Wednesday, May 29, 2019

Free Oedipus the King Essays: Hamartia in Oedipus Rex :: Oedipus the King Oedipus Rex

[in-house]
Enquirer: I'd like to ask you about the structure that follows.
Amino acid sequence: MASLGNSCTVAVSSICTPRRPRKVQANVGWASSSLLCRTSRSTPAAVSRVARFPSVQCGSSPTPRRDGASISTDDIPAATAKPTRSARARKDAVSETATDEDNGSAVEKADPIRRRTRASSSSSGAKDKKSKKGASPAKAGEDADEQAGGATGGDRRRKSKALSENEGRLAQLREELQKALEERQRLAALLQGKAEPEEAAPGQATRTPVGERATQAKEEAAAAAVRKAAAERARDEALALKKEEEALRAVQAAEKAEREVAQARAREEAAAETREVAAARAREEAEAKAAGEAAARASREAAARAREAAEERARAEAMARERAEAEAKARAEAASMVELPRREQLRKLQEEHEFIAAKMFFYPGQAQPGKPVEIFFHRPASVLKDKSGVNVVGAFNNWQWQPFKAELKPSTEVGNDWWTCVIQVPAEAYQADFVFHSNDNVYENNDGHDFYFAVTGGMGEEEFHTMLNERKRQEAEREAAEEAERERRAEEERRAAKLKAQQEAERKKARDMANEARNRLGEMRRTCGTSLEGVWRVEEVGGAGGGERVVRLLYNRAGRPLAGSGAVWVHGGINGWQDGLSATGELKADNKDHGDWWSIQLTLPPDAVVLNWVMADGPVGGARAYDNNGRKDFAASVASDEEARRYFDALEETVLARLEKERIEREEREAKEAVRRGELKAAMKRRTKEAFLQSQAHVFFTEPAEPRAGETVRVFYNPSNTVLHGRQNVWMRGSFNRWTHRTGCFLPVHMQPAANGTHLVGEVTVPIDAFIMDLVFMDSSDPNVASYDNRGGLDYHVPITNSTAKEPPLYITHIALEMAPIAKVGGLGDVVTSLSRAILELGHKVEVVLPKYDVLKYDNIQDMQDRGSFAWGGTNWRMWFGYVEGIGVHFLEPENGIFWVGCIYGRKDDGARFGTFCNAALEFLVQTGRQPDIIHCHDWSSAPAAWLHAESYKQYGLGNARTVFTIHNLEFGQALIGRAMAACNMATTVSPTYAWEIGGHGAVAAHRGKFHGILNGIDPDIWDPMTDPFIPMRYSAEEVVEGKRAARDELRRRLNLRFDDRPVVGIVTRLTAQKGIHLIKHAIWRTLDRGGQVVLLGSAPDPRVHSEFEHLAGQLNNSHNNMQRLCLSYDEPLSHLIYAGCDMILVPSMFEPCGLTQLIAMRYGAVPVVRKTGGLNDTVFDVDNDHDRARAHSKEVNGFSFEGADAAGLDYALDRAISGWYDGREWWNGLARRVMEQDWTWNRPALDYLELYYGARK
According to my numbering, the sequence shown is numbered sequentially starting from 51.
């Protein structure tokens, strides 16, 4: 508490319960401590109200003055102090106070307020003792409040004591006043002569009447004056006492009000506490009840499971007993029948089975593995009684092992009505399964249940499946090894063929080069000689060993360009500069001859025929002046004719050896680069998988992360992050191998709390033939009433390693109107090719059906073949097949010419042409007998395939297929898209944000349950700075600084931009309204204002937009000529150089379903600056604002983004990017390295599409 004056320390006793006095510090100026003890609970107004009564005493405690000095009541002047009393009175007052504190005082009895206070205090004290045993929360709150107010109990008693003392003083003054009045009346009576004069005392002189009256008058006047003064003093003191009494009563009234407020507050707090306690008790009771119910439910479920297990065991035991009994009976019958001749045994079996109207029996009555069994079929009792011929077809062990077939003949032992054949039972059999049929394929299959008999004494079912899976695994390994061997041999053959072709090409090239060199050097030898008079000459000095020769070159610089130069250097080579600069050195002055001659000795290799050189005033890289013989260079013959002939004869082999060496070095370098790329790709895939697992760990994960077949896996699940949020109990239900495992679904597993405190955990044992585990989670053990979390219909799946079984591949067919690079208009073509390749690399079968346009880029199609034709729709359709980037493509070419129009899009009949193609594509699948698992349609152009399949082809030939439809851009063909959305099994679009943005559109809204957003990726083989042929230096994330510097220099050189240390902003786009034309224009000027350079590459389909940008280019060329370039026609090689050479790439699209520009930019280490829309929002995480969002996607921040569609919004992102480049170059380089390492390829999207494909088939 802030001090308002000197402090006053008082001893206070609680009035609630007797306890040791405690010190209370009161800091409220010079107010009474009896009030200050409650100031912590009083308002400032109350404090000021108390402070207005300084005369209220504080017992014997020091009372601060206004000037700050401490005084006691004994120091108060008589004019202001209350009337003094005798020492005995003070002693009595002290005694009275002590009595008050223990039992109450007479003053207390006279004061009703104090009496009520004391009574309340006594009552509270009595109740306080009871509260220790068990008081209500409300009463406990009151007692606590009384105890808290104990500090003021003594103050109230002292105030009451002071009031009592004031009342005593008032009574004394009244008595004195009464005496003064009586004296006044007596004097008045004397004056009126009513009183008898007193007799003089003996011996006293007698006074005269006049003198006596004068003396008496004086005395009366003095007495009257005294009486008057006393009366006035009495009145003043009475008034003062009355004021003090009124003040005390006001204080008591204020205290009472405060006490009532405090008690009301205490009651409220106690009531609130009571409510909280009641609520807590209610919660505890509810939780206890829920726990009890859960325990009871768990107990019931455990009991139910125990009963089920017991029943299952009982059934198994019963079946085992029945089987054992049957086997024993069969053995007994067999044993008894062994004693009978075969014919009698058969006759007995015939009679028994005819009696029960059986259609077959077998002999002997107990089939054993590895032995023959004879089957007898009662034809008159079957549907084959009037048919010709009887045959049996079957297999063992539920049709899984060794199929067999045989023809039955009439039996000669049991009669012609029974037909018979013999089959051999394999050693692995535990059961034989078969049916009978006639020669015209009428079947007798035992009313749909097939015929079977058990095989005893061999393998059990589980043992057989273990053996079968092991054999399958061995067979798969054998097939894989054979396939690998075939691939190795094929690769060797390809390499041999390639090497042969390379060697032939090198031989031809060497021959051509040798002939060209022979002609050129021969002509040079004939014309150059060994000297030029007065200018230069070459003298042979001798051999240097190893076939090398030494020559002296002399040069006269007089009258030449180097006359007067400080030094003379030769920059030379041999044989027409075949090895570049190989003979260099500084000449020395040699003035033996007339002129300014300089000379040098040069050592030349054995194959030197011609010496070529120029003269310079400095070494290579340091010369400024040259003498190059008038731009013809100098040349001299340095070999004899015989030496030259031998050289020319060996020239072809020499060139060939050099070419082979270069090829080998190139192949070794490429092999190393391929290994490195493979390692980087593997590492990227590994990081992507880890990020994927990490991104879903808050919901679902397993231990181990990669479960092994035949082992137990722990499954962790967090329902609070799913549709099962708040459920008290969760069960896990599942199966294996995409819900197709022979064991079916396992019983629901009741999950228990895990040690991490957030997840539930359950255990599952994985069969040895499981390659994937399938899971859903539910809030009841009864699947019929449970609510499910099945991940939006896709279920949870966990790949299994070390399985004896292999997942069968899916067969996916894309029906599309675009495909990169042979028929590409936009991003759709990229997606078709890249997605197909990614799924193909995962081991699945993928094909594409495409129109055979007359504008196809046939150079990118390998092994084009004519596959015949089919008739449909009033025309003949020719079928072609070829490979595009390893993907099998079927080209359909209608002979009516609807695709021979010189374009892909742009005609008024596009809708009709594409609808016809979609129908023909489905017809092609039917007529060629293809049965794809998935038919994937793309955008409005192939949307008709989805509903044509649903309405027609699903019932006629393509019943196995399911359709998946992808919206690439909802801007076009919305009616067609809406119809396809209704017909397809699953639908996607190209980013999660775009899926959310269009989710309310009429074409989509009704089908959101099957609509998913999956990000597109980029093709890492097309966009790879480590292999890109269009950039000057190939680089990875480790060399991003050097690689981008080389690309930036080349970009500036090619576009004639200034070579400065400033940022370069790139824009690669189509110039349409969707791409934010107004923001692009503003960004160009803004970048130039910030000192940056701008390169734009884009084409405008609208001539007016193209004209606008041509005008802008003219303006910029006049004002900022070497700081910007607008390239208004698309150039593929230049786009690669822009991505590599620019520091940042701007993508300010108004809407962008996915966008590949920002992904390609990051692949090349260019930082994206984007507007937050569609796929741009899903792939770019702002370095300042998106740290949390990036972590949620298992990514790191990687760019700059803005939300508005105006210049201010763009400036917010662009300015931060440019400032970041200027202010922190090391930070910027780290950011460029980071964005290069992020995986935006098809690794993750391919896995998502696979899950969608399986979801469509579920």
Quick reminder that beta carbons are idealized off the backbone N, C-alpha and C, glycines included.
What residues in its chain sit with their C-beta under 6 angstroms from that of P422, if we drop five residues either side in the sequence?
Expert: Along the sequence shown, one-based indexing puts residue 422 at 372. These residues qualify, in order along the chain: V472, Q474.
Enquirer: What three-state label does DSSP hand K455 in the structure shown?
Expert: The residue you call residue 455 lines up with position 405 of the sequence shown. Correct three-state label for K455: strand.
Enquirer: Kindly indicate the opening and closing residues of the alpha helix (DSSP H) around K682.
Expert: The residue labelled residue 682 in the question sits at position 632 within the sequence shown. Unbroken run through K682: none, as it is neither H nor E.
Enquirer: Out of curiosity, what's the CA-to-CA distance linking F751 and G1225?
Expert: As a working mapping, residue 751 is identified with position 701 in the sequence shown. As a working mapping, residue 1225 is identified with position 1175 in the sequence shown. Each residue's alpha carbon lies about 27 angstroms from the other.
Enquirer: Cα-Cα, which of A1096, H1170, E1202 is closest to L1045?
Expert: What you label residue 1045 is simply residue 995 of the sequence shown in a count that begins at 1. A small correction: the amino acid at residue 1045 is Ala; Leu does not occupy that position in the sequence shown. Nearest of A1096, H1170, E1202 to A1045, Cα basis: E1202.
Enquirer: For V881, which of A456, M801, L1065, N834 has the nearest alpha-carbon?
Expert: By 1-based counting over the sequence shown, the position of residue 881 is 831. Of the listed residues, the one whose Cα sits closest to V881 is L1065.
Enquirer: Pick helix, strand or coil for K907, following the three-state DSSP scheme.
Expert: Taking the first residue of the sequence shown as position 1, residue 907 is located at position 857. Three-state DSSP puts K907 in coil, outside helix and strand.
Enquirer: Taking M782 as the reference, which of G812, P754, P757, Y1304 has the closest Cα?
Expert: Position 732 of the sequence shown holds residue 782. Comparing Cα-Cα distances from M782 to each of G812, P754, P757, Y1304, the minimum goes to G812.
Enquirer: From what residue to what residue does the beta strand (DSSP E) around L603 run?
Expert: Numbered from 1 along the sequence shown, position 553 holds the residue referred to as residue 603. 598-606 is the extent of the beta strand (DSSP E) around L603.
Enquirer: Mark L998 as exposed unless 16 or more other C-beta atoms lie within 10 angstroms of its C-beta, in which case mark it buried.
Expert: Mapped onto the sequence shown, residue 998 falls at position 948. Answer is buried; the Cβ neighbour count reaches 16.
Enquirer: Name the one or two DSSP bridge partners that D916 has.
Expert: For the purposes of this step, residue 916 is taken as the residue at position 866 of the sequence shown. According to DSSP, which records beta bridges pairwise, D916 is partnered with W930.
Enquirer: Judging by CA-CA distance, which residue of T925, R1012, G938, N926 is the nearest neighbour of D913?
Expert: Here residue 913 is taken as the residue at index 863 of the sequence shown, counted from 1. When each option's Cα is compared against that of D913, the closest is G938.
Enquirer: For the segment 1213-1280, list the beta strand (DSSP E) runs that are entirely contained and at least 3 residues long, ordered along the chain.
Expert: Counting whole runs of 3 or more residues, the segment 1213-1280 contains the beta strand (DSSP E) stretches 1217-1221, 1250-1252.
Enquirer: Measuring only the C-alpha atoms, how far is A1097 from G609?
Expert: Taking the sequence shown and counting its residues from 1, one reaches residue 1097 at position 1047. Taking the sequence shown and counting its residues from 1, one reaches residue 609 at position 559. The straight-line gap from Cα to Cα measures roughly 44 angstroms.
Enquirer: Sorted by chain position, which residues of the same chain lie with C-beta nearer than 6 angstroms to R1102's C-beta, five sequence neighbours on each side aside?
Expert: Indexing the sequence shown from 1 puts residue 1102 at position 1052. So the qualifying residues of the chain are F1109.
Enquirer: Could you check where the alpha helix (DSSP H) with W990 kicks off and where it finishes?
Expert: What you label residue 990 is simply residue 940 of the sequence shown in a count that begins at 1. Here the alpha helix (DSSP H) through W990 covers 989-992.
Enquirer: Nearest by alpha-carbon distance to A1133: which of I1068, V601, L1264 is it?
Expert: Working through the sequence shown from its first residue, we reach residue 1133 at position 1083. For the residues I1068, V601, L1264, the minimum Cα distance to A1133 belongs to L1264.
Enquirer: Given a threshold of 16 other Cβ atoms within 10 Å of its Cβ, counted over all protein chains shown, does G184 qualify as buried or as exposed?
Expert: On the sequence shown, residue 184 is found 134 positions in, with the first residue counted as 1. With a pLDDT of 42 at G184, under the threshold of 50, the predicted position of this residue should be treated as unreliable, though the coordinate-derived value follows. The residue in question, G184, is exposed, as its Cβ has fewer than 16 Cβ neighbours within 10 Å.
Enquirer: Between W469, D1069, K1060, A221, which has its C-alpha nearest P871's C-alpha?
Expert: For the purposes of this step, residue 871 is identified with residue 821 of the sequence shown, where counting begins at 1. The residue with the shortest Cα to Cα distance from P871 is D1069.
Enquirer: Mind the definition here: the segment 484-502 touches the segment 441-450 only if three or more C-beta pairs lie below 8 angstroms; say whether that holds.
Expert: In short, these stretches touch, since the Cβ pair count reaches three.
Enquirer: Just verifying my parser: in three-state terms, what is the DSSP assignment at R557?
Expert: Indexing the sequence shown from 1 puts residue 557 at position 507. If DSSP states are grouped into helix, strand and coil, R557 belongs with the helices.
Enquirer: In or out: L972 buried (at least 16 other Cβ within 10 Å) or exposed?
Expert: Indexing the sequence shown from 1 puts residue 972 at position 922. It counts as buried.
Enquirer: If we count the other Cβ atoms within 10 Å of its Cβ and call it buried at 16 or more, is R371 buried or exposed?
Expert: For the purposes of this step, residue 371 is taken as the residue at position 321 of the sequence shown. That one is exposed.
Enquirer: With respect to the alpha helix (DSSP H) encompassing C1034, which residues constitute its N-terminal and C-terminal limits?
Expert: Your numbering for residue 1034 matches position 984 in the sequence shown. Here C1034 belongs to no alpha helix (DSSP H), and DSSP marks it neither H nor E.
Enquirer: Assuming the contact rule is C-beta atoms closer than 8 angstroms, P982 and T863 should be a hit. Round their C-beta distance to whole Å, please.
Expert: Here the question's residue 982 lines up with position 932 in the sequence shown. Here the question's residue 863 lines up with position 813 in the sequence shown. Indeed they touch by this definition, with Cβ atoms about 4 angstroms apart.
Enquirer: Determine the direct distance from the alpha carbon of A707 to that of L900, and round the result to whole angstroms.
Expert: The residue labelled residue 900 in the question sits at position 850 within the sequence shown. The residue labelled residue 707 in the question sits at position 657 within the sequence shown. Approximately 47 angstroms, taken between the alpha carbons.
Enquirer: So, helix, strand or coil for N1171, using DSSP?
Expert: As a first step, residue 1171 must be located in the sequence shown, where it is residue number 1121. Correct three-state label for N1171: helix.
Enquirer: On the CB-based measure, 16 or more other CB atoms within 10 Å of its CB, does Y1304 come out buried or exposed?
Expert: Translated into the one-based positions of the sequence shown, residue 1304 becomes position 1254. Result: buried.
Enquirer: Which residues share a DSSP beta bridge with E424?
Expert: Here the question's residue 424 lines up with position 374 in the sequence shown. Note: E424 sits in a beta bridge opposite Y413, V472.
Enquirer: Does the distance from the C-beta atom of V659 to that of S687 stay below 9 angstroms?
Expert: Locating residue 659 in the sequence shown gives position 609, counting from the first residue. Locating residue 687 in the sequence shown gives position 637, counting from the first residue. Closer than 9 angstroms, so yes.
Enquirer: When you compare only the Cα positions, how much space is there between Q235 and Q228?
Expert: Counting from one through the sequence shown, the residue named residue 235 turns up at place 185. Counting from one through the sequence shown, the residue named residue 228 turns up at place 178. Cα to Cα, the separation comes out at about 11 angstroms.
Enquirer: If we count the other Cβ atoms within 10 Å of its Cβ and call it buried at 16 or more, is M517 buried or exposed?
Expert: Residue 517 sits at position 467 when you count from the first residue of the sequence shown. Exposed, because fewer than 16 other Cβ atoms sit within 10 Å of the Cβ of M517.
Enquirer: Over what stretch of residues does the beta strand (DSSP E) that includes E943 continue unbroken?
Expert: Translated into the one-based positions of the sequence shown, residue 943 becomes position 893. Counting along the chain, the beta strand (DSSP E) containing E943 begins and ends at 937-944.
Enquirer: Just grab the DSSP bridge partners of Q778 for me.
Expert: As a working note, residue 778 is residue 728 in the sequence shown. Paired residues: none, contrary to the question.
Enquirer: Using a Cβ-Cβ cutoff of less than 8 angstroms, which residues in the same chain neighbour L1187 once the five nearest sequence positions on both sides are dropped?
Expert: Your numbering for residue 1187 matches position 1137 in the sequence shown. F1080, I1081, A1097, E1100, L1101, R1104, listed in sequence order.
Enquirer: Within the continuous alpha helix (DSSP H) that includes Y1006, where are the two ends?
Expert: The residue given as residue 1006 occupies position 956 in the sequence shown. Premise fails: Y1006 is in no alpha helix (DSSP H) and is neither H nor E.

Hamartia in Oedipus the King According to the Aristotelian characteristics of good tragedy, the tragic character should not fall due to either excessive legality or excessive wickedness, but due to what Aristotle called hamartia. Hamartia may be interpreted as either a disfigurement in character or an error in judgement. Oedipus, the tragic character in Sophocles Oedipus the King, certainly makes several such mistakes however, the pervasive pattern of his judgemental errors seems to indicate a basic character flaw that precipitates them. Oedipus character flaw is ego. This is made evident in the opening lines of the prologue when he states Here I am myself--you all know me, the world knows my fame I am Oedipus. (ll. 7-9) His conceit is the root cause of a number of related problems. Among these are recklessness, disrespect, and stubbornness. Oedipus displays an attitude of recklessness and disrespect throughout the play. When he makes his proclamation and no unity confesses to th e murder of Laius, Oedipus loses patience immediately and rushes into his curse. Later, he displays a short temper to Tiresias You, you scum of the earth . . . out with it, once and for all, (ll. 381, 383) and Enough Such smut fungus from him? Insufferable--what, still alive? Get out--faster, back where you came from--vanish (ll. 490-492) If an unwillingness to listen may be considered stubbornness, certainly Oedipus would take advice from no one who would tell him to drop the motion of his identity, among them Tiresias, the shepherd, and even Jocasta. Even after Oedipus thinks he has received a reprieve from the fate he fears when he hears that Polybus is dead, he does not induct the sense to go for still. So Jocasta, why, why look to the Prophets hearth . . . all those prophesies I feared . . . theyre nothing, worthless, he says. (ll.1053-1054, 1062, 1064) To the shepherd, Oedipus certainly has no respect for the mans age when he tortures him. Oedipus cruelty indeed literally squeezes his own demise out of the shepherd Youre a dead man if I have to ask again . . . Im at the edge of hearing horrors, yes, but I must hear (ll. 1281, 1285) After his recognition and reversal, Oedipus exclaims The hand that in love my eyes was mine, . . . I did it all myself (ll. 1469, 1471) He is not only referring to his self-inflicted mayhem, but also the chain of events that led to his demise.

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